Pat decided to seek work in pharmaceutical marketing; but first, to avoid being conscripted into the Army, he enlisted for a three-year stint in the Coast Guard. He quickly qualified as officer of the deck, putting him in charge of a whole ship while it was underway and in port; but when his captain tried to talk him into “shipping over” — i.e., staying in the service — he said no thanks. He chafed at the slow pace of advancement, and he wanted to make more money.
After leaving the Coast Guard, he found a sales position with Pfizer, covering the Boston area. His ambition and personality distinguished him, says his longtime business partner, John Farley.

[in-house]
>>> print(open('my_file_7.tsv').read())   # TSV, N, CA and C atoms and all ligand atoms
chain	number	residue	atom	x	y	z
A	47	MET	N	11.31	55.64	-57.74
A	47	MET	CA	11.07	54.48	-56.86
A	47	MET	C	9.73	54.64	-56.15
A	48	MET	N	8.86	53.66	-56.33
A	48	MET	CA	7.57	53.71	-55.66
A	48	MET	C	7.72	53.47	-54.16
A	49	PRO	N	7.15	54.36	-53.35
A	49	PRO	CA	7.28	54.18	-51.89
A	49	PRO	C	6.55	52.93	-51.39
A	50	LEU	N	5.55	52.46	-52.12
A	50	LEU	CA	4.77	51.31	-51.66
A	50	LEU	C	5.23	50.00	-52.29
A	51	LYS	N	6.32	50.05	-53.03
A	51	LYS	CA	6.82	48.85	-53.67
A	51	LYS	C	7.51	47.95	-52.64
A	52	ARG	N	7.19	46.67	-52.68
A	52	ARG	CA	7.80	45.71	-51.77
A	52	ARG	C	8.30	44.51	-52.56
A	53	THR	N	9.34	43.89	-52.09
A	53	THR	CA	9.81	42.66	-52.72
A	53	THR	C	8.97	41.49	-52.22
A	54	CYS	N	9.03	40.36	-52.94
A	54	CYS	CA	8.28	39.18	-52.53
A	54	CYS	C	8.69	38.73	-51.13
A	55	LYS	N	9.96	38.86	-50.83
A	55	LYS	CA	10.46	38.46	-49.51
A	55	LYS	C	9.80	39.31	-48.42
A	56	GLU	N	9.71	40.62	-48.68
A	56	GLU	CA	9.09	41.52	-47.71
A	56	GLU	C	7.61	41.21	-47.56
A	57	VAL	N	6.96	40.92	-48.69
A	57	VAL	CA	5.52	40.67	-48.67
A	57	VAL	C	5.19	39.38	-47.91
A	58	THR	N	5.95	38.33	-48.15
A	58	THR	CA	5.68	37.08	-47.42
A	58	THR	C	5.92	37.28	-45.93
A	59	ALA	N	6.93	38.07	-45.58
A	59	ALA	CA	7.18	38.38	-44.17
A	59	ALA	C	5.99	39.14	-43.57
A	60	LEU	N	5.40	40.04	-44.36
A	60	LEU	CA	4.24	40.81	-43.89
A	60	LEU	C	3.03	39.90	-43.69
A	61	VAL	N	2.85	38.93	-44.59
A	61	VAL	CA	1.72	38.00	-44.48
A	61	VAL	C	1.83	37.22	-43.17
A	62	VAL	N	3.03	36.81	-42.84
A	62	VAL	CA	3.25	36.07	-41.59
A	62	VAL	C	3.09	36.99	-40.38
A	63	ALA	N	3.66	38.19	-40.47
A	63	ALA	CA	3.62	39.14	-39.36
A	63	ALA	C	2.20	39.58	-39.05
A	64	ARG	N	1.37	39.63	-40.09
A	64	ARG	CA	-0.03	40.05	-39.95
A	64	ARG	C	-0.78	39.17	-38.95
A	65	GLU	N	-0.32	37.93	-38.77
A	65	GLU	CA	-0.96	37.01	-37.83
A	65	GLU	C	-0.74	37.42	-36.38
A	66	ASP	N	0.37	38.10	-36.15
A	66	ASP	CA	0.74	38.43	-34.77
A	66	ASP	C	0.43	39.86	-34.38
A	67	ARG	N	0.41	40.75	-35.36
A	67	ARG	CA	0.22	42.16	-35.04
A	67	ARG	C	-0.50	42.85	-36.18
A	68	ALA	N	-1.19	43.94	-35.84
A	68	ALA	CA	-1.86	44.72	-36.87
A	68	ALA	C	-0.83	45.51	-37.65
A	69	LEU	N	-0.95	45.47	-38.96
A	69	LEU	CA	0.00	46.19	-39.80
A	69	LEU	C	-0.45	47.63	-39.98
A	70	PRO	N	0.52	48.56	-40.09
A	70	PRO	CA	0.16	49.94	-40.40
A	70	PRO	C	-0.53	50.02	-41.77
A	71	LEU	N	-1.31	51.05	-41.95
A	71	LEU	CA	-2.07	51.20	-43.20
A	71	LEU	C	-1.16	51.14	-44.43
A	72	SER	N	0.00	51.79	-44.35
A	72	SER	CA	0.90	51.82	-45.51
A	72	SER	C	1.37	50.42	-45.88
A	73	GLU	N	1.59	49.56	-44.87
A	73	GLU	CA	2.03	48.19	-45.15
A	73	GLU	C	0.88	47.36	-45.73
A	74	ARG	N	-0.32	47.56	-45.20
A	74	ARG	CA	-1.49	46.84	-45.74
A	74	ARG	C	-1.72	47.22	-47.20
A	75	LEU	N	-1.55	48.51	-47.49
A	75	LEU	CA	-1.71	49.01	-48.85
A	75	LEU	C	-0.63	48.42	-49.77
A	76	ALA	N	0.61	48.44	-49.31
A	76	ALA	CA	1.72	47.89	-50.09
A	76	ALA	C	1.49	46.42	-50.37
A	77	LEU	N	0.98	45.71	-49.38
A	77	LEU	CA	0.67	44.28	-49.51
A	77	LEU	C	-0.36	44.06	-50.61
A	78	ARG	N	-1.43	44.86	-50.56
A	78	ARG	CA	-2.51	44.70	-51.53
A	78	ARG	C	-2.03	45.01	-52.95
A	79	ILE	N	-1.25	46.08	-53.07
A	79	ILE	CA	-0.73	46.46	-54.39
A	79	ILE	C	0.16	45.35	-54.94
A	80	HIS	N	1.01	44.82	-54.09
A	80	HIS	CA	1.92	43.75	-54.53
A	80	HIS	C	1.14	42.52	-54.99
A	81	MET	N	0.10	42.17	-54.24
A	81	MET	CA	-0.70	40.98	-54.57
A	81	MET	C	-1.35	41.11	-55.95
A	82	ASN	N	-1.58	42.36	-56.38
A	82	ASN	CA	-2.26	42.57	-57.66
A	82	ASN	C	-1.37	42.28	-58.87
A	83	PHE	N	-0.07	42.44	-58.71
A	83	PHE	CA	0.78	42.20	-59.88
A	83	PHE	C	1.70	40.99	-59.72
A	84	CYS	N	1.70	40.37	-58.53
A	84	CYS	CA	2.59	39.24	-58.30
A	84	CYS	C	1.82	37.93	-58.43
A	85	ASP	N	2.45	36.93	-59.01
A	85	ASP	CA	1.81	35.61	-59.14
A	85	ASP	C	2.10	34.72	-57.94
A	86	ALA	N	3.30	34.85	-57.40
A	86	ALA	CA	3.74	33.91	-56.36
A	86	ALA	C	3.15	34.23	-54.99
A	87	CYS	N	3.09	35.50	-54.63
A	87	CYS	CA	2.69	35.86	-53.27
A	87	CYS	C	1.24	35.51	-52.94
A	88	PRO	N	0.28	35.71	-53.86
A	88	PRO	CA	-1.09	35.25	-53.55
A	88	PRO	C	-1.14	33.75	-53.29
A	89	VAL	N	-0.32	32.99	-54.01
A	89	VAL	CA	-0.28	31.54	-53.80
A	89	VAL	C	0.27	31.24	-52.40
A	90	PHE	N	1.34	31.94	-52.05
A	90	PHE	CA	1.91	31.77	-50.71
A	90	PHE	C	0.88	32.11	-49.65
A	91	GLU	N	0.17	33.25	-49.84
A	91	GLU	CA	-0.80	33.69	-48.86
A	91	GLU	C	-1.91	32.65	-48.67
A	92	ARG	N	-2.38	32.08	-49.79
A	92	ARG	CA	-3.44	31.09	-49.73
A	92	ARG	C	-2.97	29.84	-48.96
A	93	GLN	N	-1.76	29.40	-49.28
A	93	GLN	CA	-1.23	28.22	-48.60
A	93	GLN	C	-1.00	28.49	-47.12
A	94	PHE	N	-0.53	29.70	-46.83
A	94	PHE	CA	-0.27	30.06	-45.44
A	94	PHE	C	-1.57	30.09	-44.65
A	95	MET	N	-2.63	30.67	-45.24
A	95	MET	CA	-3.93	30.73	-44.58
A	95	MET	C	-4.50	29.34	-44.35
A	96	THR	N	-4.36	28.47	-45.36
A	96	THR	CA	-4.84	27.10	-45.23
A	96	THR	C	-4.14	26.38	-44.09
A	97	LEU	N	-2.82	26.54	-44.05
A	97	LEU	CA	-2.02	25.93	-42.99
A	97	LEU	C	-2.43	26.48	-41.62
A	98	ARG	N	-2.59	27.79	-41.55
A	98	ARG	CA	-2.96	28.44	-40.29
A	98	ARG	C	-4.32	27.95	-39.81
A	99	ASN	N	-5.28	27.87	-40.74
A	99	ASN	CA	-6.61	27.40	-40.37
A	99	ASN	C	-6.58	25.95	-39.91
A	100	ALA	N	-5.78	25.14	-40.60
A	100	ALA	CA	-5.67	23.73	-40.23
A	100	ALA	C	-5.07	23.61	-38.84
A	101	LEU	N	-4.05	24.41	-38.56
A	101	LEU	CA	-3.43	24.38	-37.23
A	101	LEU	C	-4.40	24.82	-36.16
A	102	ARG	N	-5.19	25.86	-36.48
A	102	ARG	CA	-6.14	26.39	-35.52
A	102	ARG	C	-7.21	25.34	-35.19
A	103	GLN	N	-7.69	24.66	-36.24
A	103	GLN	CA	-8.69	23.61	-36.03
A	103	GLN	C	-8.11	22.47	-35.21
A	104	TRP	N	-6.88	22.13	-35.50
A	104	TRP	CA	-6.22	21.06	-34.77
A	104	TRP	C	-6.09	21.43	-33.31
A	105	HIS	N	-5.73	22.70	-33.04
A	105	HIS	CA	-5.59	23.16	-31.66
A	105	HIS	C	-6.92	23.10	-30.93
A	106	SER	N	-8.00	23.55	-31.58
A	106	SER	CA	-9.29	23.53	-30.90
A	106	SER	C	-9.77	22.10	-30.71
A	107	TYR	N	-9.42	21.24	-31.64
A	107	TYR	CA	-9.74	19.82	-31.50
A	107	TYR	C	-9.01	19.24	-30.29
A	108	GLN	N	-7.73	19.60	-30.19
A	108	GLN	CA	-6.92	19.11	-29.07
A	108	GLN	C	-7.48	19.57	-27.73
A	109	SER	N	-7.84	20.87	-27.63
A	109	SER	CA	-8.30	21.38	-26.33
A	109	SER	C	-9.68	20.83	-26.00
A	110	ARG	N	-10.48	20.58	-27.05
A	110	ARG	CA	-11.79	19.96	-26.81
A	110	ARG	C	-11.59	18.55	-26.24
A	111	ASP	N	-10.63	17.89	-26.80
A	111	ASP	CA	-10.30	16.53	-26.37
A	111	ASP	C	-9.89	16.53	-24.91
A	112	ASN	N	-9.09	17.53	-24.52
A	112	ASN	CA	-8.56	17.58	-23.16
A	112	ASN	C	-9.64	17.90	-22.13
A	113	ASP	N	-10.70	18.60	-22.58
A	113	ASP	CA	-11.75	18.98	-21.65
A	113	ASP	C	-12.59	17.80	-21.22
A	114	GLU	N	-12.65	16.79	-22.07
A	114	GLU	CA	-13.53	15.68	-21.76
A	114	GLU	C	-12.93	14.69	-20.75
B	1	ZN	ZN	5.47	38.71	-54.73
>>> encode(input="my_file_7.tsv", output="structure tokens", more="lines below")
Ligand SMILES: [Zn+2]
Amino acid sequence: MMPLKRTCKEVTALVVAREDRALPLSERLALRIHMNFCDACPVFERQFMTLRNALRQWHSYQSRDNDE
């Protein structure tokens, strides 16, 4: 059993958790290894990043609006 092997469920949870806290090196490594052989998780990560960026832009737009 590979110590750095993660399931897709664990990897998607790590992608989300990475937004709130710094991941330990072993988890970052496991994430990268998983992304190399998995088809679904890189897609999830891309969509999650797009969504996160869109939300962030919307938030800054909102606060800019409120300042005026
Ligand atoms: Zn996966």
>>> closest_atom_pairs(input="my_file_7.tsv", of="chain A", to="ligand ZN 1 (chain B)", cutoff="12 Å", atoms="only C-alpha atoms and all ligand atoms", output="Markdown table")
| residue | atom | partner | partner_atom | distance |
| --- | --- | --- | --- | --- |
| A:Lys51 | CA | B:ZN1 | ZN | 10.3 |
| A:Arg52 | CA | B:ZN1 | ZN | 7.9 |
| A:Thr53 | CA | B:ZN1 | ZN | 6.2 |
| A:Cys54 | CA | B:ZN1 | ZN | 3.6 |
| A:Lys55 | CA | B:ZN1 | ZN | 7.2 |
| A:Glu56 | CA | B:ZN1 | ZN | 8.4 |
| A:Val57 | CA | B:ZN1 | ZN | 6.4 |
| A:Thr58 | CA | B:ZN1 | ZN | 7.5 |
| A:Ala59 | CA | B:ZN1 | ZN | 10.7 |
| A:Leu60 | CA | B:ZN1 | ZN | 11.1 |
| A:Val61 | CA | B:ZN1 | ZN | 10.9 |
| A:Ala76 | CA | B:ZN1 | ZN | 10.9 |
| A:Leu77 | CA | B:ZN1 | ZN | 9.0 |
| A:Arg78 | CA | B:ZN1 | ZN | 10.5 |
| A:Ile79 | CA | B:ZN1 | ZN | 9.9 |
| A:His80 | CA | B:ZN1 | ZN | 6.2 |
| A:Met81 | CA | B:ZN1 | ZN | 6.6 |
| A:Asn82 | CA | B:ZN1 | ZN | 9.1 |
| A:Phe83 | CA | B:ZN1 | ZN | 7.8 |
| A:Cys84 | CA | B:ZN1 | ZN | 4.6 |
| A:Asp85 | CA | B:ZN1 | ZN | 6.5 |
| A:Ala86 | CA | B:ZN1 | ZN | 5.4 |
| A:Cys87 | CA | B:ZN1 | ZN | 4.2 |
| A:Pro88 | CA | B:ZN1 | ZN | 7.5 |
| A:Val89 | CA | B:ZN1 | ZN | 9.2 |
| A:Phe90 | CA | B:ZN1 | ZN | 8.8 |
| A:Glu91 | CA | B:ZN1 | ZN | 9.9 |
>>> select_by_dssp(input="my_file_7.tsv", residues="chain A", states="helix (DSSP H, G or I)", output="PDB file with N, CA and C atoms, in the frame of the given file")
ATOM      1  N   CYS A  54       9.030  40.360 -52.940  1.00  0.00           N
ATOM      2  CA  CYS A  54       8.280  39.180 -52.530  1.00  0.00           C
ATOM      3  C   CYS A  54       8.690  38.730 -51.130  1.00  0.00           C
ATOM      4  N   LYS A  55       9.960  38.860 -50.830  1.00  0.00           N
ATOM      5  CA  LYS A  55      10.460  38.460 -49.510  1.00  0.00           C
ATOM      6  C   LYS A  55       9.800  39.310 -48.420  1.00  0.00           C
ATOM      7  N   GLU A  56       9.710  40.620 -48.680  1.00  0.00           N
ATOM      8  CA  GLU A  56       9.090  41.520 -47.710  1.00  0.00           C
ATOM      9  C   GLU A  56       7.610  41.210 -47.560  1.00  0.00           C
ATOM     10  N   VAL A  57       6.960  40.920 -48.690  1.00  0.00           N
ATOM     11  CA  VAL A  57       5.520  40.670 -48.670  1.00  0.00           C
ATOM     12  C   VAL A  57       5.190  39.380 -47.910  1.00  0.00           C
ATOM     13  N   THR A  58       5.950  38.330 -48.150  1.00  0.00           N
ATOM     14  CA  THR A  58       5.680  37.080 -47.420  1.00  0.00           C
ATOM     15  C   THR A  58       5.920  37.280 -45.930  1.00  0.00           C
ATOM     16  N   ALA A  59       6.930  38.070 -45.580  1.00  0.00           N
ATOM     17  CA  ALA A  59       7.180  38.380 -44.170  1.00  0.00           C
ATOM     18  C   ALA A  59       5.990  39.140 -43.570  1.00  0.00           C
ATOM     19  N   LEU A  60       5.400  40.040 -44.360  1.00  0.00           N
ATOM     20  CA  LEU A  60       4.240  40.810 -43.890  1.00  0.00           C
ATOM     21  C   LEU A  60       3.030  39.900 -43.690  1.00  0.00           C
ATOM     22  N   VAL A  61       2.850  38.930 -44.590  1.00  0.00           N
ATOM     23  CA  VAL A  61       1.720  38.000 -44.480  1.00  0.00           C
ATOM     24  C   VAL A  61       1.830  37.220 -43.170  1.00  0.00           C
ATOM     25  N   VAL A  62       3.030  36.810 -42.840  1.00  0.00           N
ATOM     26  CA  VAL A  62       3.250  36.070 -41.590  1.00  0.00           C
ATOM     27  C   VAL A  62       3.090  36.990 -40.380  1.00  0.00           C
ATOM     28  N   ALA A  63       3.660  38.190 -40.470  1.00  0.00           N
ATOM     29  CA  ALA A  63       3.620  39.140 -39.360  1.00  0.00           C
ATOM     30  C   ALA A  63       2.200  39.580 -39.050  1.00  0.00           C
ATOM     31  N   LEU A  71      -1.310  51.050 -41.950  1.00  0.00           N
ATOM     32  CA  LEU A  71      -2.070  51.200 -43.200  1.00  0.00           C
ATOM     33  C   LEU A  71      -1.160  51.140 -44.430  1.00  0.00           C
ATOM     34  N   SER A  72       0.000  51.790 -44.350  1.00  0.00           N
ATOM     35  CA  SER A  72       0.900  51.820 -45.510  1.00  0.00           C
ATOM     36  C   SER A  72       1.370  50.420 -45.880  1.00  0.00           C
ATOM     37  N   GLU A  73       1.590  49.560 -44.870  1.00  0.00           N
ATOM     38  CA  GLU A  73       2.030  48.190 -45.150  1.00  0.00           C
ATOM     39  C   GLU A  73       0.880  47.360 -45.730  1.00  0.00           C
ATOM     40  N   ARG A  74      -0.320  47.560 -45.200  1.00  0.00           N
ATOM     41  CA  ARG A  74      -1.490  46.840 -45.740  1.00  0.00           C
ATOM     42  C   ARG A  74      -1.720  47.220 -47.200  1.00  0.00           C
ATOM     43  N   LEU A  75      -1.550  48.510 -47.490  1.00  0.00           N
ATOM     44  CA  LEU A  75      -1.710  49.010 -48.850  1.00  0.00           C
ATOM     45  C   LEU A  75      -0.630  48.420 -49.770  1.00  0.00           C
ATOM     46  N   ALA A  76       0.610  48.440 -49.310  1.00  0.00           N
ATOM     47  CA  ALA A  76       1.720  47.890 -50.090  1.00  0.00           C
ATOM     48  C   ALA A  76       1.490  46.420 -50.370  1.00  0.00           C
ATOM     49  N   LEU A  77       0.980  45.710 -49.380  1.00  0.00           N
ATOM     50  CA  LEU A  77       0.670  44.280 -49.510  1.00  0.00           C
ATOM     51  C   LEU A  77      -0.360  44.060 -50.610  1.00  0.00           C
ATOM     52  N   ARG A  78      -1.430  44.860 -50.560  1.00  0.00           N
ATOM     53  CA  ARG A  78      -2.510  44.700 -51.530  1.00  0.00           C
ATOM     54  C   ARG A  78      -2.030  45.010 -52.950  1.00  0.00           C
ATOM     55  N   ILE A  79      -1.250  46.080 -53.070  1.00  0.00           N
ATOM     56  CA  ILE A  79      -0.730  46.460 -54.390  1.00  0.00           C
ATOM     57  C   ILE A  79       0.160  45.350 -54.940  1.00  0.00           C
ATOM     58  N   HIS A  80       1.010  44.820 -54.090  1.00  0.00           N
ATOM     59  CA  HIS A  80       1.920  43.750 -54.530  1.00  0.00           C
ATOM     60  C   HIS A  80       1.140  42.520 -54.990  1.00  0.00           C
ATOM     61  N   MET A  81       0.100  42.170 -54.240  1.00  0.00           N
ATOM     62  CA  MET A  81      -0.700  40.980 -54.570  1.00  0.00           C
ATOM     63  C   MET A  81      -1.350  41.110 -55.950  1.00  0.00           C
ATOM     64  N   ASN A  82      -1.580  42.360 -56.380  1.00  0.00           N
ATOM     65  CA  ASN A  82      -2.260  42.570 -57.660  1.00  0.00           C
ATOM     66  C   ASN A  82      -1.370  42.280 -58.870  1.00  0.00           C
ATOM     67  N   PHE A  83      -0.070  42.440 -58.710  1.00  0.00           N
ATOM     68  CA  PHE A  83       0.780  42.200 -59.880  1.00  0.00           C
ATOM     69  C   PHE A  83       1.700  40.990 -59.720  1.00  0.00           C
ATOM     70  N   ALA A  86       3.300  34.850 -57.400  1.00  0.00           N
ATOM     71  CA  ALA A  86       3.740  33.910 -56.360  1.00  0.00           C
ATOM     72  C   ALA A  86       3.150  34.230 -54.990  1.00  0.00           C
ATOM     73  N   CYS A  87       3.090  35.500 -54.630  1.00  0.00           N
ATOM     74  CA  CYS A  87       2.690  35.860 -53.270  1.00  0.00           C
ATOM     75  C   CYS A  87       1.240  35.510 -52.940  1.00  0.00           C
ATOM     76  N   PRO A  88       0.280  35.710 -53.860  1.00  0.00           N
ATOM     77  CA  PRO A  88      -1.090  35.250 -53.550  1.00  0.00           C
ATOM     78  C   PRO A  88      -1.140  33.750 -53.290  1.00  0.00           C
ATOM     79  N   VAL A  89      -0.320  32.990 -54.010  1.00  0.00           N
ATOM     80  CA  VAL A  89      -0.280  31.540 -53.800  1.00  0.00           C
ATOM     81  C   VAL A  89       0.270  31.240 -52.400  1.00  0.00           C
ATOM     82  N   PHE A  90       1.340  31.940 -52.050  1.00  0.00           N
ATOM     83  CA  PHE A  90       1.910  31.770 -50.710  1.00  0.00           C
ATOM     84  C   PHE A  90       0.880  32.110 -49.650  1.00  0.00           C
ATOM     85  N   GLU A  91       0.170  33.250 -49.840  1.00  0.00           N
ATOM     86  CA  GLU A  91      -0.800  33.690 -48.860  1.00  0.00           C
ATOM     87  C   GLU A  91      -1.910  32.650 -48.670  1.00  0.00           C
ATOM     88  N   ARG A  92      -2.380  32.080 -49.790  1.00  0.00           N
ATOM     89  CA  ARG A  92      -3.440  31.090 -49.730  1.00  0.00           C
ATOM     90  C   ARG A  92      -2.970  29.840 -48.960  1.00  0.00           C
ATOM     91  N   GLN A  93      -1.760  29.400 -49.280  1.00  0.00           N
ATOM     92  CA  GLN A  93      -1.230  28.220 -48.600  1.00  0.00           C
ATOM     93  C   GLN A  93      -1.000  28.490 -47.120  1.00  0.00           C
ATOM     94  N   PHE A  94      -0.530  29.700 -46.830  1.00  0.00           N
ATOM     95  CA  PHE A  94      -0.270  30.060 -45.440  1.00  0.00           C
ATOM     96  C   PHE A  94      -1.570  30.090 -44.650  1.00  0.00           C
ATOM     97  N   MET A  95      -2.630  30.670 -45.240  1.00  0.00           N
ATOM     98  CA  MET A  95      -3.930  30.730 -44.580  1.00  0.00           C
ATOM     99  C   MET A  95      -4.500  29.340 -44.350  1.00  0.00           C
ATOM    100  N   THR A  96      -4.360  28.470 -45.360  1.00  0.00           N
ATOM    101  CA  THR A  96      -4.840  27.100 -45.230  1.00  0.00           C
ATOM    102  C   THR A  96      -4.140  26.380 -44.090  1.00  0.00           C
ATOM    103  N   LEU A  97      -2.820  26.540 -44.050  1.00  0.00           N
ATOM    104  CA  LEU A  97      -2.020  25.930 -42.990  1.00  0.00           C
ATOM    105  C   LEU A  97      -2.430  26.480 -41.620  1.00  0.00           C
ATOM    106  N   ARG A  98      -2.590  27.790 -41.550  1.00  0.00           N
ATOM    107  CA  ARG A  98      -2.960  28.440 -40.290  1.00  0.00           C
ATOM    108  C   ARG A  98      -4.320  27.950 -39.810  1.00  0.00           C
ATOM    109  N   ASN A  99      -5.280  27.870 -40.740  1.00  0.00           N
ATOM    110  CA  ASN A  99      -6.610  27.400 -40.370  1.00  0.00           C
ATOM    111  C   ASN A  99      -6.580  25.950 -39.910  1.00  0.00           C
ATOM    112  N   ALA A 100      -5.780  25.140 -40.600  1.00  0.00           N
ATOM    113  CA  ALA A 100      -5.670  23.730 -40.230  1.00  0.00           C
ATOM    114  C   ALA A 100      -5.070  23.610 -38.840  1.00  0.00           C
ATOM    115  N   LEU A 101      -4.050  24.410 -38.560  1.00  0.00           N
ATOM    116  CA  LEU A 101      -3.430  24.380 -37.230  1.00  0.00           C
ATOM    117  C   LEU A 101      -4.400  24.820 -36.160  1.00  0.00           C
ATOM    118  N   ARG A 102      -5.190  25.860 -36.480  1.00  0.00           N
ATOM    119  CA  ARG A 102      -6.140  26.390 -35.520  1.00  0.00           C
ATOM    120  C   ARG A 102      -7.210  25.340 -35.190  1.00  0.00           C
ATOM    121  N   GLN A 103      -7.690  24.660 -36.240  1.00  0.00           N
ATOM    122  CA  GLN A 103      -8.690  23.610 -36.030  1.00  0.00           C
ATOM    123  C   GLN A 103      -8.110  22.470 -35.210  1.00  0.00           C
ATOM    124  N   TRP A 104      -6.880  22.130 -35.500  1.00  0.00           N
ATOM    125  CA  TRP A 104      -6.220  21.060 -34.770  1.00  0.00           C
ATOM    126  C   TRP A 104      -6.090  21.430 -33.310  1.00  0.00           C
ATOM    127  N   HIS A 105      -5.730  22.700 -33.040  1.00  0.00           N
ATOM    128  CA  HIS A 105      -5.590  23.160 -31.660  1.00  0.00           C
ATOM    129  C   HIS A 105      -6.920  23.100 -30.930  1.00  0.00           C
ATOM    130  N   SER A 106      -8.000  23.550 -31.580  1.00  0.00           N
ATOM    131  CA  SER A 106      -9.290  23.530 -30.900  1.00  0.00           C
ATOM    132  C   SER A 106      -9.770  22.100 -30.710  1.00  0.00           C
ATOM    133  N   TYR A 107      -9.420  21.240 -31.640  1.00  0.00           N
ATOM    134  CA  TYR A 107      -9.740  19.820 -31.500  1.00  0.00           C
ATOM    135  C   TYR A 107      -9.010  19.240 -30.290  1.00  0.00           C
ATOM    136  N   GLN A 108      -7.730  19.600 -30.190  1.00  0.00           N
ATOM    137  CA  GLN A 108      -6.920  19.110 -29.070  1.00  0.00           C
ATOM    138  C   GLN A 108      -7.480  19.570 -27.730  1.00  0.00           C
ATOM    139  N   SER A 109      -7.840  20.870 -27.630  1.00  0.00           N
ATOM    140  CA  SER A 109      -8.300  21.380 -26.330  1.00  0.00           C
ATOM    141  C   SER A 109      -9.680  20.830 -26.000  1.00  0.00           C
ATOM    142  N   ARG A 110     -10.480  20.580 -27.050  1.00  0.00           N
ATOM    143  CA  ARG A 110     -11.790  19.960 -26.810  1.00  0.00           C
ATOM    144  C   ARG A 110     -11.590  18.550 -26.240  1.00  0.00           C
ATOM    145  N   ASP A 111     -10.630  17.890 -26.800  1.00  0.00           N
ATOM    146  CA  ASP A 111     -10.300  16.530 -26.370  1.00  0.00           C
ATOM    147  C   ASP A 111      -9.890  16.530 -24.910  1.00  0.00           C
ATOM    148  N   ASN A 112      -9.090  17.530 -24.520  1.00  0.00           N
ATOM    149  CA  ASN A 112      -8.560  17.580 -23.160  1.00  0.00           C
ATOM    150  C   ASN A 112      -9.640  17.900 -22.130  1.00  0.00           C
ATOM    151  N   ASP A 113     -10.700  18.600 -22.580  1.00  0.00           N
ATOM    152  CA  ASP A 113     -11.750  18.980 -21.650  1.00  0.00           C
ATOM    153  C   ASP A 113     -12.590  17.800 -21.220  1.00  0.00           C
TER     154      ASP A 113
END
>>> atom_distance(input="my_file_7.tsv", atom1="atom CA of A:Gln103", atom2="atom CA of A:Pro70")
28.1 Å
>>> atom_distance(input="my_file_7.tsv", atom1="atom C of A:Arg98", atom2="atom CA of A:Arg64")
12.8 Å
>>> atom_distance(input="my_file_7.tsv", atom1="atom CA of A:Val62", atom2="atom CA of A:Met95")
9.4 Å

At the time, Farley was a sales rep for Upjohn, a rival pharmaceutical firm. He heard about Dugan from a physician they both knew. “Have you met Pat Dugan?” the doctor asked Farley. “He’s a big tall guy, and he’s really funny.” Dugan had made a sales call on the doctor, and with great seriousness told him that he was going to play him a recording by an expert in contagious diseases from the University of Palma in Italy. He put his tape player on the doctor’s desk, turned it on, and out came a recording of Dugan warbling a ditty about Pfizer’s name-brand antibiotic to the tune of “Happy Birthday.”
“Terramycin is good, Terramycin is good, …”
“So I was looking forward to meeting him, even though we were competitors,” says Farley.